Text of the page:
(The company, now under tremendous public fire, is offering a $300 coupon.)

Imagine needing, (as some people do), three sets for each child: school, home and your vehicle, a cool $1,800 to start.

Oh, and Bresch earns $19 million for her.…ethics.


I’ve been following this story, not because anyone I know uses an EpiPen but because I’m so sickened by corporate greed.


I also grew up, to the age of 30, in a nation with strict government oversight and regulation of drugs, medications and device prices — so no one gets gouged.

That’s Canada.

I decided to pursue this story on Friday morning, and started at 10:00 a.m.

I put out calls and urgent emails to sources in the U.S. and Canada, racing the clock to get the story reported and written quickly; as a “trending topic”, I needed to get it posted as soon as I could, yet make sure I was producing a smart, well-written and well-sourced piece.

Social media saved my bacon — a request to a writers’ group I belong to on Facebook prompted a fast reply from someone who knew a physicians (!) who personally relies on EpiPens and who emailed me back quickly and in detail.


Working behind the scenes with my editor who, as usual and of course, I haven’t met, we discussed how to best present the story, an angle I hadn’t read anywhere else — yet.

We posted the finished story, about 1,200 words, by 5pm. (Good thing I’ve worked as a daily newspaper reporter. That kind of speed is normal for me.)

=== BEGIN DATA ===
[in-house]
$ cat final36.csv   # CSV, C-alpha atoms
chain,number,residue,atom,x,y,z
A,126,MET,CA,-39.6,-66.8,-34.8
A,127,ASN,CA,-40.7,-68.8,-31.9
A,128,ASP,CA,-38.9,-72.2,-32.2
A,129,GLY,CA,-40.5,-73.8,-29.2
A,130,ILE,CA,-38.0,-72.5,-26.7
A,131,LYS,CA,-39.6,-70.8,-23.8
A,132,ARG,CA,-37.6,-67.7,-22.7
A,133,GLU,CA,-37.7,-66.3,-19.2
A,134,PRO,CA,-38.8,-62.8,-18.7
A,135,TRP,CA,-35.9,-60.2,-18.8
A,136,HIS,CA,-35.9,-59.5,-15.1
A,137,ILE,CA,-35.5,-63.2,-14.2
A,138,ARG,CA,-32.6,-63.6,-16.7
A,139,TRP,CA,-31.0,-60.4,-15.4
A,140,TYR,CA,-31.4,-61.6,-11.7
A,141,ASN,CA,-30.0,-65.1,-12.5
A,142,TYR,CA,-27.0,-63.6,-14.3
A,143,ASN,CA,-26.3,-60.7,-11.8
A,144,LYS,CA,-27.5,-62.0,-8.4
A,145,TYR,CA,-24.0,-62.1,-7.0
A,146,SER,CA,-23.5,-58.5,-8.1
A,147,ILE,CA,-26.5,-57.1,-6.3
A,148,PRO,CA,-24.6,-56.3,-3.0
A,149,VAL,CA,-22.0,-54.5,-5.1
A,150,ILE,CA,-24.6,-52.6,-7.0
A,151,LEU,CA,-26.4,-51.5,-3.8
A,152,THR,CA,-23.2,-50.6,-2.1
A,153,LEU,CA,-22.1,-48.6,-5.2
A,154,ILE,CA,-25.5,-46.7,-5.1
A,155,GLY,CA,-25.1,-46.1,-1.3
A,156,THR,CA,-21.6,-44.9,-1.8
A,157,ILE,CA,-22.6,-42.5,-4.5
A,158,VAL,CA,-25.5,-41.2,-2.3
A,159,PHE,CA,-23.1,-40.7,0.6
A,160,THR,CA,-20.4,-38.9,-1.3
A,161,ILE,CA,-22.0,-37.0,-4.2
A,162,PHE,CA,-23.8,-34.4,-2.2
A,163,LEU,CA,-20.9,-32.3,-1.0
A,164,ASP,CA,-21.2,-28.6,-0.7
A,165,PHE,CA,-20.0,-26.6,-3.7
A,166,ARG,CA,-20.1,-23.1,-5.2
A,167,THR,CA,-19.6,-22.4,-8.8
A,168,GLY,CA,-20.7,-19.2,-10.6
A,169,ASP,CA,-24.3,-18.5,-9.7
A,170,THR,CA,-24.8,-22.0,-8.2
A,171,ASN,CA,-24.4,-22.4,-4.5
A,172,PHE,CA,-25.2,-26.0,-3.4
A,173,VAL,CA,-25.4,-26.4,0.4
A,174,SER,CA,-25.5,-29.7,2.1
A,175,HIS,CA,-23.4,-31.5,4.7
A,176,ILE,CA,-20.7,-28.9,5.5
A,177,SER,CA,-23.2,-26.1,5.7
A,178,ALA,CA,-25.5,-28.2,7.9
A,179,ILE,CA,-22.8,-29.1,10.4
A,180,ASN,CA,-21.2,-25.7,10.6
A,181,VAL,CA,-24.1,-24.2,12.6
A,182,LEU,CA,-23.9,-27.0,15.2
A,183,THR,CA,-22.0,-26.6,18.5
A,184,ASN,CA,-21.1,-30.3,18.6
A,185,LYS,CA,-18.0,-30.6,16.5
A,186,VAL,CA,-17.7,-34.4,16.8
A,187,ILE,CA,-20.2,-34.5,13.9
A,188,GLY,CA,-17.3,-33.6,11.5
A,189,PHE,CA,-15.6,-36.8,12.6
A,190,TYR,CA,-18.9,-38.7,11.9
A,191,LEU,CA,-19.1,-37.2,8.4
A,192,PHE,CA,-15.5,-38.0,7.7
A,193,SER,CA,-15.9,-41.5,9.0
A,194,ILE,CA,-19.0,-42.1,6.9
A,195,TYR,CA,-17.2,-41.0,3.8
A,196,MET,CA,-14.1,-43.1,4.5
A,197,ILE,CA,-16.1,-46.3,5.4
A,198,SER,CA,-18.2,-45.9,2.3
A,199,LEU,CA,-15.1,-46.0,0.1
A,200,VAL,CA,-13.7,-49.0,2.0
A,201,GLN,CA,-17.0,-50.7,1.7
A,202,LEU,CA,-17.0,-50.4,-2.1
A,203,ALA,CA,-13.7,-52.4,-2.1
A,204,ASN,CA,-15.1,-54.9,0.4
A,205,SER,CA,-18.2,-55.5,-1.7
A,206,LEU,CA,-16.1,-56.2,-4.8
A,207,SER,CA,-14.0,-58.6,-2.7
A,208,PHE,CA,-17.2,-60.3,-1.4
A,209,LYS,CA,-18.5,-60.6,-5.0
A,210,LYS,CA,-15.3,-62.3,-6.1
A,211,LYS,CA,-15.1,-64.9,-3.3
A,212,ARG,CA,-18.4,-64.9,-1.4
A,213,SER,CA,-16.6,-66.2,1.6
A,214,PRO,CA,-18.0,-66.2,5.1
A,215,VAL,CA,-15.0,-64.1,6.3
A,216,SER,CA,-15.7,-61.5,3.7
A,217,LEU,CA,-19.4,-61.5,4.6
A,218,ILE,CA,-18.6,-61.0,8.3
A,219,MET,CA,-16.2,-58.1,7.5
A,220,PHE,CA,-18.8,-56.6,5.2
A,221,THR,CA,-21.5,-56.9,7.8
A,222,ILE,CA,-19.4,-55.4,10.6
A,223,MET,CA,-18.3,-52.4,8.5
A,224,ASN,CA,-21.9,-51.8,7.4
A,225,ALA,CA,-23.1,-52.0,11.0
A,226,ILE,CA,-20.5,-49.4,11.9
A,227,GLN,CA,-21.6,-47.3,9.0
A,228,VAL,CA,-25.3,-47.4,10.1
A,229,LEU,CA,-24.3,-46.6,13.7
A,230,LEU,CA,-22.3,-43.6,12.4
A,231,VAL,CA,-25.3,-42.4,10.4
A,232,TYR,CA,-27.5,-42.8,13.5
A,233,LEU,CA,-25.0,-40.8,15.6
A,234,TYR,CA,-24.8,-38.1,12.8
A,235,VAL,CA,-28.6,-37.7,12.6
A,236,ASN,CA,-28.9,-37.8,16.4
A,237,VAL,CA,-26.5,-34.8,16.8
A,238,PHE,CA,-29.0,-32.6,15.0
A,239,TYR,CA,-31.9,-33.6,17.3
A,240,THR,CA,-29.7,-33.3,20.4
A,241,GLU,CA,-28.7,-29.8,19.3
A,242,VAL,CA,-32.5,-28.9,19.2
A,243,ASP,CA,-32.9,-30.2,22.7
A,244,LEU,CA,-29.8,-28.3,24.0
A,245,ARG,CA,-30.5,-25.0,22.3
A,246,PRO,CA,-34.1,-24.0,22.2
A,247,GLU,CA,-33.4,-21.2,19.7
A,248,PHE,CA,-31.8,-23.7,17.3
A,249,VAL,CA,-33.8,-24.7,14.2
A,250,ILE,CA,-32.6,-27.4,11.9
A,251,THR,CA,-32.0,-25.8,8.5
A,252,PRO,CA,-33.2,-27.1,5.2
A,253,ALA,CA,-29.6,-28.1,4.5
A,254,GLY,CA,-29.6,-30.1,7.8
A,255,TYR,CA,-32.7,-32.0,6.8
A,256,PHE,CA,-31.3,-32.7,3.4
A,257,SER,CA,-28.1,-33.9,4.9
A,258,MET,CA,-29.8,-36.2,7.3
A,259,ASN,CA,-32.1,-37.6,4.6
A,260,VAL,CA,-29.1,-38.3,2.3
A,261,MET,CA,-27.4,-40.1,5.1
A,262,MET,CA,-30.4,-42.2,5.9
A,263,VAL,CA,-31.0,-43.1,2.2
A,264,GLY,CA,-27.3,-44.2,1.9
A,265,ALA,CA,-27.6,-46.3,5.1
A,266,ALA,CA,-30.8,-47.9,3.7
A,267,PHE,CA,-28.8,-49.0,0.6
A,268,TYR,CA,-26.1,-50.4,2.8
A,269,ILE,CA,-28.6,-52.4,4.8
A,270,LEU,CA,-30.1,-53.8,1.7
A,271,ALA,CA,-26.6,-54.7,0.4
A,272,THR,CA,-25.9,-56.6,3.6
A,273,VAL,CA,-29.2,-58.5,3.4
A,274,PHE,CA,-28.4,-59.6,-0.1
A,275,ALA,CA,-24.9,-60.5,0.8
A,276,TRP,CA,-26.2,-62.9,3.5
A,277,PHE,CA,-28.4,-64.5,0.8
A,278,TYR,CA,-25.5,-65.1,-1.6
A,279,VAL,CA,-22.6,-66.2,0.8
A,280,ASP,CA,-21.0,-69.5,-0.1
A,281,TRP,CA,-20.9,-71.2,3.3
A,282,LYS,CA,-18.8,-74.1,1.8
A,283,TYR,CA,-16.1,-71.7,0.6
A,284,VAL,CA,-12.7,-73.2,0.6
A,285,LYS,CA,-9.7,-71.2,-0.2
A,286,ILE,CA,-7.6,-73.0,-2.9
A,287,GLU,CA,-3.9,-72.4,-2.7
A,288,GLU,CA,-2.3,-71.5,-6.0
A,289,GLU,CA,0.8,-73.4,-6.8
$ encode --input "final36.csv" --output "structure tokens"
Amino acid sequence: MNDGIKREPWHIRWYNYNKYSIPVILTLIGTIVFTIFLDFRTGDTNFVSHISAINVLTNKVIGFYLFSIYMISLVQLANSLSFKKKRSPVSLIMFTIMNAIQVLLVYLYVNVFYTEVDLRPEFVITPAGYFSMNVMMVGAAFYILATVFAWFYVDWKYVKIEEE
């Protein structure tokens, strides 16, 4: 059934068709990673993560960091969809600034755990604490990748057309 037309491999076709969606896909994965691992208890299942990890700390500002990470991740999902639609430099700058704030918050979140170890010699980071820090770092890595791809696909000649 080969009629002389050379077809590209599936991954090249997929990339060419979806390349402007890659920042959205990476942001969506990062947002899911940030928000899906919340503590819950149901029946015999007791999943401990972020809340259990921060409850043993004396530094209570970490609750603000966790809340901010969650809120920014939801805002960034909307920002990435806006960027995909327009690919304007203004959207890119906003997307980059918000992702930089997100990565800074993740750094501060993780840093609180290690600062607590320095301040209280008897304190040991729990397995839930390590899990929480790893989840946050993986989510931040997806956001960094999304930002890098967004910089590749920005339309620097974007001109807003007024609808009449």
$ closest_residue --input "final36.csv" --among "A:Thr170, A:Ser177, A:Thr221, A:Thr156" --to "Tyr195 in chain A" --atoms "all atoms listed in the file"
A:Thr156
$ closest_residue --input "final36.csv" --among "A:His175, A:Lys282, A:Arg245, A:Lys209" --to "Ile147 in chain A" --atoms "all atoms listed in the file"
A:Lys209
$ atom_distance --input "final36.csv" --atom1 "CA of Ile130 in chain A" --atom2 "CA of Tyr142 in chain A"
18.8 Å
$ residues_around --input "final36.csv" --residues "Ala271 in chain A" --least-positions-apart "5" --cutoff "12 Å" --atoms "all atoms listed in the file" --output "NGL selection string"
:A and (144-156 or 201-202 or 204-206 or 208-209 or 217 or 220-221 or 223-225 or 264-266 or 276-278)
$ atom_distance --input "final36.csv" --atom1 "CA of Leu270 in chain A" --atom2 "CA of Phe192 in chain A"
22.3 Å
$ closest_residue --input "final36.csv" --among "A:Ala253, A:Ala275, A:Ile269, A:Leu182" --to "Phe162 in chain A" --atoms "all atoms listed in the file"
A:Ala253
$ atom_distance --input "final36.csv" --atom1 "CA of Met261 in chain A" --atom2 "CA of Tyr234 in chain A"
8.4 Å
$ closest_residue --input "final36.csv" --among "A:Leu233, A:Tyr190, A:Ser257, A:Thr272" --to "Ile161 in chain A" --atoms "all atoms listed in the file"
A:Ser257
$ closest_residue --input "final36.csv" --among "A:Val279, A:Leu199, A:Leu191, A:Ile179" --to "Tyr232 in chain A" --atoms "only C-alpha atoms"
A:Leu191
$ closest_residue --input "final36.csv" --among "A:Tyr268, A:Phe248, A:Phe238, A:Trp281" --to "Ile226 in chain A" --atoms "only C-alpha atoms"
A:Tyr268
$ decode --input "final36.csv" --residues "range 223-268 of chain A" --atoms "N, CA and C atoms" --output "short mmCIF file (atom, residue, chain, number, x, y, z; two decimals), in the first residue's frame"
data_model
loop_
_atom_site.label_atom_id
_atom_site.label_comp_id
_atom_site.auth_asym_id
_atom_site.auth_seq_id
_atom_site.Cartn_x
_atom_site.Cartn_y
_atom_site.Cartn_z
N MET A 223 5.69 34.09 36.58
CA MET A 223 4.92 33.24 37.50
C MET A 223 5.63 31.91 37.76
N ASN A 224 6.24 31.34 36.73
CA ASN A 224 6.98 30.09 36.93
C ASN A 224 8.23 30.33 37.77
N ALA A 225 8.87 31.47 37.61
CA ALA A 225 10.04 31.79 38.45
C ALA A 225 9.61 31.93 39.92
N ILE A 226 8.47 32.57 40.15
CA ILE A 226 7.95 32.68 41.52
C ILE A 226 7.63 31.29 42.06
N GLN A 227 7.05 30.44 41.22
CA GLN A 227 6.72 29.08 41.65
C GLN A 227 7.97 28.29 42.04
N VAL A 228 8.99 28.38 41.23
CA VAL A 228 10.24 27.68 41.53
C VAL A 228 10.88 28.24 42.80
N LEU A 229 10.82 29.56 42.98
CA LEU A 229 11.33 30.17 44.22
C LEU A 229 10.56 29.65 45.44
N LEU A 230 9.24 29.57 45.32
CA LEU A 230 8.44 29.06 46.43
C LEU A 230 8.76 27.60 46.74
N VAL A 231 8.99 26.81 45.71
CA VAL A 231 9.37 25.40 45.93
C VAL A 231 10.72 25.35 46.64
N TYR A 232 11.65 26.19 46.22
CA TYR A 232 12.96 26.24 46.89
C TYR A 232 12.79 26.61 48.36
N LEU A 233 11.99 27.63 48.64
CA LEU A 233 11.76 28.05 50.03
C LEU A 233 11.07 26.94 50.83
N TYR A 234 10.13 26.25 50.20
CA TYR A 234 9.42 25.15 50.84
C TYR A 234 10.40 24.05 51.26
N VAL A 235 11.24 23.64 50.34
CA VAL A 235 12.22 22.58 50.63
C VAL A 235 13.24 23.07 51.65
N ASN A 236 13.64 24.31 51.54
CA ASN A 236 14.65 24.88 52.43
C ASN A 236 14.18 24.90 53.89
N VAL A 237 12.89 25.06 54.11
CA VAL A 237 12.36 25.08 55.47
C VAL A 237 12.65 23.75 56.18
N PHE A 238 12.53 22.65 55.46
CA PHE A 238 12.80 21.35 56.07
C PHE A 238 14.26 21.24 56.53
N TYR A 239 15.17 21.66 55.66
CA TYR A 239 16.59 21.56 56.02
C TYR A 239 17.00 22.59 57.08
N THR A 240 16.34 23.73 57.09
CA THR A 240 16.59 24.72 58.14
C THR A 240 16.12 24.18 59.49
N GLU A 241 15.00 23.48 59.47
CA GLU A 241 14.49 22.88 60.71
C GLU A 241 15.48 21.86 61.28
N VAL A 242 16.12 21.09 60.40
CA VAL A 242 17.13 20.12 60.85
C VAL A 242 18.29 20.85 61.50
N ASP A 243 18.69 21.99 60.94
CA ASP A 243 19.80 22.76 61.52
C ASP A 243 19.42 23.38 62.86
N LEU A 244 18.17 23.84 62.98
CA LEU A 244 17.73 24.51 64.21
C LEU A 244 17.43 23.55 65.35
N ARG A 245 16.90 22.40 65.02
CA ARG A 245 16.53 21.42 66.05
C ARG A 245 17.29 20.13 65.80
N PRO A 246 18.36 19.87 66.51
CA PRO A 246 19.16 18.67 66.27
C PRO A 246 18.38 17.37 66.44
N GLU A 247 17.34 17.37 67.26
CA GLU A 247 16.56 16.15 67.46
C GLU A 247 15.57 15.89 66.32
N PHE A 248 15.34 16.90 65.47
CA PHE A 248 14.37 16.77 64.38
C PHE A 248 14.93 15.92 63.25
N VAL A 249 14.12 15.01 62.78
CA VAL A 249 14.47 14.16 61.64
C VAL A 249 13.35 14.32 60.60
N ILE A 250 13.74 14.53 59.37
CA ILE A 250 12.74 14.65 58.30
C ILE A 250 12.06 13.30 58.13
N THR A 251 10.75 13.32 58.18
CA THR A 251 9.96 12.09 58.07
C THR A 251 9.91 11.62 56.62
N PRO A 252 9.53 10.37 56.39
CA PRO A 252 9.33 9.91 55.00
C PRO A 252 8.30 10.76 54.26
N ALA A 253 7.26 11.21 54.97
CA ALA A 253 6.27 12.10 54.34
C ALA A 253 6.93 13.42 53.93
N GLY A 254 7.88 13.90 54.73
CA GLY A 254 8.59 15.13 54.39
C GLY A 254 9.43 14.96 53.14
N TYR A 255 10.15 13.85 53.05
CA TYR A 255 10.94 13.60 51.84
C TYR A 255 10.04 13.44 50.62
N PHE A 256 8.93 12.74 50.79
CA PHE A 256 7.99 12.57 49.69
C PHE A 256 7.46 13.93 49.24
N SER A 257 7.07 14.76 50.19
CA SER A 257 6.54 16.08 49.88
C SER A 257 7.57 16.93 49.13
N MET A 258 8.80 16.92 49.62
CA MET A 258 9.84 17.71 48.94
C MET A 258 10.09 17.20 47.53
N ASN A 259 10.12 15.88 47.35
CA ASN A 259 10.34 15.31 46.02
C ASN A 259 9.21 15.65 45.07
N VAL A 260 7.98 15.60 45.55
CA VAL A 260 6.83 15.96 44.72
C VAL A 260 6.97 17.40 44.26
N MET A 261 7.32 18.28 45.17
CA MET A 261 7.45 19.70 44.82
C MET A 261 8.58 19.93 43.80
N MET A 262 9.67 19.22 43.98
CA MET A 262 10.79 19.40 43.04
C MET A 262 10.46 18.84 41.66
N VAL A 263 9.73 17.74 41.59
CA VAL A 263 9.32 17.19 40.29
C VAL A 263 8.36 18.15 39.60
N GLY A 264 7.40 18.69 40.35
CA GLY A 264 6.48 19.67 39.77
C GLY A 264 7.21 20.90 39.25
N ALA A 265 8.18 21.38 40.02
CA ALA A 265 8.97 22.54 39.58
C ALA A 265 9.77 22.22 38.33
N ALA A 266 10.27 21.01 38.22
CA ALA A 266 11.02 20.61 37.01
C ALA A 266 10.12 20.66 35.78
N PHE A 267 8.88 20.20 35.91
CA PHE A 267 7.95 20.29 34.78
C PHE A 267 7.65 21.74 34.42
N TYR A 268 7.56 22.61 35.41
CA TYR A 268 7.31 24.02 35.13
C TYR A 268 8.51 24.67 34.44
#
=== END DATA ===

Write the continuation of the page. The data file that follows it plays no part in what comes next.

If you have time to read it, please share it widely; Forbes is a pay per view model, and this story offers an important way for people who need affordable access to get it.


In aging, behavior, domestic life, family, Health, life, women on August 24, 2016 at 12:34 am

By Caitlin Kelly


Setting a pretty table to share with friends? That’s a soothing activity for me…


There’s a phrase I see and hear a lot, and one I never heard decades ago — self-care.

It’s often aimed at women, especially mothers of small/multiple children, typically run off their feet caring for everyone but themselves.

The simplest of pleasures, reading a book or magazine uninterrupted, owning lovely clothing not covered with various bodily excretions, disappear in a whirlwind of attending to everyone else’s needs all the time.

It also happens when you’re overwhelmed by anything: a crazily demanding job and/or boss; trying to juggle work/school/family; wearyingly long commutes that consume hours; a medical crisis; care-giving someone ill and/or elderly.

Your own needs come second or third or fourth.

Or, it seems, never.

It becomes a matter of survival, of self-preservation.


Music, art, culture…feed your soul!


Of preserving, even a little, your identity, your hunger for silence and solitude, for time spent with friends or your pet or in nature.

It’s often reduced, for women, to consumptive choices like getting a manicure or massage, (and I do enjoy both, while some women loathe being touched by a stranger.)


But our needs are deeper, subtler and more complicated.


Caring for yourself isn’t always something you just buy, a product or service that keeps the economy humming — and can make you feel passive, resentful, a chump.

There’s no price tag on staring at a sunset or admiring the night sky or listening to your cat purr nearby.

There’s no “value” to sitting still, phone off, computer off, to say a silent prayer.

It’s one reason women who choose not to have children — as I did and millions do — are so often labeled “selfish”, as if caring for a spouse or friends or the world or, (gasp) your own needs, is lesser than, shameful, worthy of disapproval.

When it’s no one’s business.

We all need to preserve:

Our souls, whether through prayer or meditation or labyrinth walking or a long hike or canoe paddle.

Our bodies, which shrink and soften, literally, as we age, so we need to keep them strong and fit and flexible, not just thin and pretty.